bring bug repellent (and be prepared to get bit by mosquitoes or ticks)
There are a lot of mosquitoes and ticks in Harriman State Parks (and most places outdoors). Lyme disease is really prevalent in the northeast, so I really recommend wearing bug spray to prevent getting exposed to Lyme Disease through ticks.
I like using the bug spray Natrapel as it is less toxic than some bug sprays and is really effective.
if you want isolation, you can find it in Harriman
Even being so close to NYC, Harriman State Park allows the opportunity to find solitude and isolation if you so choose. Of course, there will always be parts of the park that will be crowded with people, but there are always parts that are less popular as well. The less crowded trails in the park will be the ones that are not near lakes, are longer, are not along the Appalachian Trail, or are more difficult.
Also going in the off season or on a day with non-sunny weather can give you a lot more solitude as well. One area that we have always found more solitude in is the Elk Pen area of the park. There is a parking lot here, The Elk Pen Lot, and many trails leaving from here. Some of the trails with the most solitude that we have encountered are the Africa Loop and the Bald Rocks Shelter Trail.
Hikes to Do in Harriman State Park
Pine Meadow Lake Loop
Pine Meadow Lake Loop is a beautiful hike that is very representative of what Harriman State Park has to offer. There are several variations of this hike, but the version that we did was around 8 miles. One downside to this trail however is that it is one of the most crowded hikes that we have been on at Harriman State Park. It is a family friendly trail and is not too challenging or steep.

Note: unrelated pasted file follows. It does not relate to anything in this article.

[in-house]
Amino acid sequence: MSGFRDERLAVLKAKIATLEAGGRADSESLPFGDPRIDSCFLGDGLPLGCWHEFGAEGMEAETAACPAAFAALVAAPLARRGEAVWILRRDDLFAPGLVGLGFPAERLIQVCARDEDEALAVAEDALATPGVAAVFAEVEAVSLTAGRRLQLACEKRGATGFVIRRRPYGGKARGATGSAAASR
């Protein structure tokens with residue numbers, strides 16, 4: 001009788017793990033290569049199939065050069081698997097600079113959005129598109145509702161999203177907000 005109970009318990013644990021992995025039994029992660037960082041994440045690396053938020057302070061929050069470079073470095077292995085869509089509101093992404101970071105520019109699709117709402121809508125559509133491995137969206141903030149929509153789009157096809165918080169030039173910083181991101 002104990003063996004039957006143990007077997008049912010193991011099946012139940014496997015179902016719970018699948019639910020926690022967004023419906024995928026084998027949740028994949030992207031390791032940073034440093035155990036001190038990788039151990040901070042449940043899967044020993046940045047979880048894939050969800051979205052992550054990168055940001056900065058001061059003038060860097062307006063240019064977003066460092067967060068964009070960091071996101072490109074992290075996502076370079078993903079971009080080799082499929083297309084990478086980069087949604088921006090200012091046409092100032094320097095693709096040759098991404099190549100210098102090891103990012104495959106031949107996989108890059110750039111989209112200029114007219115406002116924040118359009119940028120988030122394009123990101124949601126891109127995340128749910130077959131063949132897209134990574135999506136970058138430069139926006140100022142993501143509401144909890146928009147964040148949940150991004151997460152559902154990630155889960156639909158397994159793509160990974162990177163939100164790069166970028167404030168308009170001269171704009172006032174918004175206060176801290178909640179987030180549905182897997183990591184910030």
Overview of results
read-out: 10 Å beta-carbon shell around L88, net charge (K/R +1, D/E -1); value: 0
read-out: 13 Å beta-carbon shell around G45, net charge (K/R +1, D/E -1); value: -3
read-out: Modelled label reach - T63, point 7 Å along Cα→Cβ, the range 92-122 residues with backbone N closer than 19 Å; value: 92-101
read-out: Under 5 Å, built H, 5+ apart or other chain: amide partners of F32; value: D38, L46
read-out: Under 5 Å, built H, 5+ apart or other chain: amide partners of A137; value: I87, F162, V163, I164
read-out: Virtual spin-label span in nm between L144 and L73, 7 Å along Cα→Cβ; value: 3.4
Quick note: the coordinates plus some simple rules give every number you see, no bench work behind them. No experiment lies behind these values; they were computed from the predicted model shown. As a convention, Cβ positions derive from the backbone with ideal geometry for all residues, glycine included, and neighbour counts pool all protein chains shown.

The trail begins at a small Harriman State Park Visitor Center. There are also bathrooms located here at the trailhead. The trail slowly ascends through a pine grove, following a peaceful stream along the way. There are often many families sitting on the mossy rocks with picnic lunches and small children playing in the shallow water.
The trail ascends for a while until you arrive to a large lake. There are signs that say NO SWIMMING, but many people still swim and jump off rocks here anyways. We like sitting on the rocks along the side of the lake and sticking our feet in the shallow water. There are large schools of cute fish that will come up to you in the water and try to nibble on your toes.
If you want, you can walk a trail that loops around the lake or you can turn around and return to the parking lot from here.
Elk Pen Loop (with Lemon Squeeze)
Elk Pen Loop is a hike that has a wide variety of varying scenery throughout. I think that Elk Pen Loop is a great trail to show you all that Harriman State Park has to offer. The full loop in total is around 7.5 miles. Part of this trail is part of the Appalachian Trail. We took the Elk Pen Loop trail in a clockwise fashion.
The trail starts from the Elk Pen Parking area, where it weaves through the forest for a while. About halfway through the trail, you will come to the Lemon Squeeze which is a popular attraction where the trail goes through two rocks that are very close together so that you must squeeeezzee (like a lemon) in between the rocks to continue on the trail.